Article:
Marcus Cicero

Posted by M ws On Wednesday, August 29, 2012 0 comments
Marcus Tullius Cicero, January 3, 106 BC – December 7, 43 BC; sometimes anglicized as Tully[1]) was a Roman philosopher, statesman, lawyer, orator, political theorist, consul and constitutionalist. He came from a wealthy municipal family of the equestrian order, and is widely considered one of Rome's greatest orators and prose stylists.

He introduced the Romans to the chief schools of Greek philosophy and created a Latin philosophical vocabulary (with neologisms such as humanitas, qualitas, quantitas, and essentia) distinguishing himself as a linguist, translator, and philosopher.

Petrarch's rediscovery of Cicero's letters is often credited for initiating the 14th-century Renaissance. According to Polish historian Tadeusz Zieliński, "Renaissance was above all things a revival of Cicero, and only after him and through him of the rest of Classical antiquity." The peak of Cicero's authority and prestige came during the eighteenth-century Enlightenment, and his impact on leading Enlightenment thinkers such as John Locke, David Hume, and Montesquieu was substantial. His works rank among the most influential in European culture, and today still constitute one of the most important bodies of primary material for the writing and revision of Roman history, especially the last days of the Roman Republic.

Though he was an accomplished orator and successful lawyer, Cicero believed his political career was his most important achievement. It was during his consulship that the Catiline conspiracy attempted the government overthrow through an attack on the city from outside forces, and Cicero suppressed the revolt by executing five conspirators without due process.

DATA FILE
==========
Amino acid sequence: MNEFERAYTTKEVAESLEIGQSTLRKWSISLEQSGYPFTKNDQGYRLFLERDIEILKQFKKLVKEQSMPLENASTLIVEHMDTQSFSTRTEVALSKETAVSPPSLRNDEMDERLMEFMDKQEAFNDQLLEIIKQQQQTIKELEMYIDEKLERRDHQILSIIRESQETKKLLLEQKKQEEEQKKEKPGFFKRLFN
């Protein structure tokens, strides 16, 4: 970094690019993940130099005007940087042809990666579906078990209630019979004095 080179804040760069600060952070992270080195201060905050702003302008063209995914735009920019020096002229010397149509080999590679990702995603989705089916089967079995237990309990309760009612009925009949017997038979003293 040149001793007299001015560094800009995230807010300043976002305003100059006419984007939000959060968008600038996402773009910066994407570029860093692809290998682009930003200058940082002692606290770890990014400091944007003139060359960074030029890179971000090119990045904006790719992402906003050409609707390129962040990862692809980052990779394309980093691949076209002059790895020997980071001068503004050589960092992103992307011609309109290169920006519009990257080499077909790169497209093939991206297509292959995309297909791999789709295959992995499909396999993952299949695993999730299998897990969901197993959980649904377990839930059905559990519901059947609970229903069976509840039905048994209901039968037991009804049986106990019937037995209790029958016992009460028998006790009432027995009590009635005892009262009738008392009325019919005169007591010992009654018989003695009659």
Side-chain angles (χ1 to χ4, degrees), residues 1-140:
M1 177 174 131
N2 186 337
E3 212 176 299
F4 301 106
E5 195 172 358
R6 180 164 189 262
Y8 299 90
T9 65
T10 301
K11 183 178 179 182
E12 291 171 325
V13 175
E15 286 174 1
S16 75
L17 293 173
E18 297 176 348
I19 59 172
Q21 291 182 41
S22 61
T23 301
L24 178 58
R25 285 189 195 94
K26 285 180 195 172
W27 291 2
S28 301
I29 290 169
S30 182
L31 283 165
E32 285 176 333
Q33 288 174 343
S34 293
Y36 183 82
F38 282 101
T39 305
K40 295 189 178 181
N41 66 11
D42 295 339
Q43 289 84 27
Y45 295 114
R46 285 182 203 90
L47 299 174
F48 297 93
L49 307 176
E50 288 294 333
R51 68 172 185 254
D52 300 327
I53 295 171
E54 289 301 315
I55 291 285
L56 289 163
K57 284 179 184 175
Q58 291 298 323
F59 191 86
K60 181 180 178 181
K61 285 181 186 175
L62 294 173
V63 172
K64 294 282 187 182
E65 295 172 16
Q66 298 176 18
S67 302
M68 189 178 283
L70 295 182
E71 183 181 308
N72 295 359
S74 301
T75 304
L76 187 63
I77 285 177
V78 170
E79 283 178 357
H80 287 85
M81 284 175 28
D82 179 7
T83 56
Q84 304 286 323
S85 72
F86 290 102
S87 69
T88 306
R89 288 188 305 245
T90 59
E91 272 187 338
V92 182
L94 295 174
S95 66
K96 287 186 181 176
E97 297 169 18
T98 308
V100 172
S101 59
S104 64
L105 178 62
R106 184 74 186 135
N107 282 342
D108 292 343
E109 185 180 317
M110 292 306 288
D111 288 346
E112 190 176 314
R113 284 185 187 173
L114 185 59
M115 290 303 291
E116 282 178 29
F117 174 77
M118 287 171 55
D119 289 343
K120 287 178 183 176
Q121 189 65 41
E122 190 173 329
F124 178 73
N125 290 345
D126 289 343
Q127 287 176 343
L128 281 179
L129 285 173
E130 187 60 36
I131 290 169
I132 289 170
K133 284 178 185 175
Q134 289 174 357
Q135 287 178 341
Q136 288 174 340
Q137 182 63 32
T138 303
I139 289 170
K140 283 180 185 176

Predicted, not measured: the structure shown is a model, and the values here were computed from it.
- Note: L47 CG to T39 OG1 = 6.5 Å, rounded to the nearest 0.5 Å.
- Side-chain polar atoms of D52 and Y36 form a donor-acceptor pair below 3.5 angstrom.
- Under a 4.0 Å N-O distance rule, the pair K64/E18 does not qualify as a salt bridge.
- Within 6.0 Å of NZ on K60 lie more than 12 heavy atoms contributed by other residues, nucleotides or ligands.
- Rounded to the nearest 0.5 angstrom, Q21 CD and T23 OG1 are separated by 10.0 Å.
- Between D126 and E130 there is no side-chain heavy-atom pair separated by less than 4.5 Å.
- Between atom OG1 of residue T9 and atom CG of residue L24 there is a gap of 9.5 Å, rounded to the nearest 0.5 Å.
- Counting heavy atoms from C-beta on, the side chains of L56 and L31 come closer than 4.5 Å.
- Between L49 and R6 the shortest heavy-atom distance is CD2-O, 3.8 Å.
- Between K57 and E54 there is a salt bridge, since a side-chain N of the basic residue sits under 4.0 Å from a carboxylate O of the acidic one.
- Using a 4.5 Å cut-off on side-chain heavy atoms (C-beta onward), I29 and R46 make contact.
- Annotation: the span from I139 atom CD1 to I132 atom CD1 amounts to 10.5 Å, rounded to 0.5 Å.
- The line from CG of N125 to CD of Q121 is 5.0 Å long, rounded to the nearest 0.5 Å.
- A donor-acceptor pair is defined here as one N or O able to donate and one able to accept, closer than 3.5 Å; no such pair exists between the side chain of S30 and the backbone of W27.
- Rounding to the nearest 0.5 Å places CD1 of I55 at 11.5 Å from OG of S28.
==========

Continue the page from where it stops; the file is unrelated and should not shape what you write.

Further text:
During the chaotic latter half of the 1st century BC marked by civil wars and the dictatorship of Gaius Julius Caesar, Cicero championed a return to the traditional republican government. Following Julius Caesar's death Cicero became an enemy of Mark Antony in the ensuing power struggle, attacking him in a series of speeches. He was proscribed as an enemy of the state by the Second Triumvirate and subsequently murdered in 43 BC.


Here's something on

Old Cicero's philosophy which Angela sent to me...I am posting it for its tongue-in-cheek humor with no intention to offend anyone!

Rome’s (of the Roman Empire) Cicero’s (106 – 43 BC) philosophy is still valid even today, for any country of our globe:

The poor: work and work;
The rich: exploit the poor;
The soldier: protects both;
The taxpayer: pays for all three;
The wanderer: rests for all four;
The drunk: drinks for all five;
The banker: robs all six;
The lawyer: misleads all seven;
The doctor: kills all eight;
The undertaker: buries all nine;

The Politician: lives happily on the account of all ten.

-Author Unknown-

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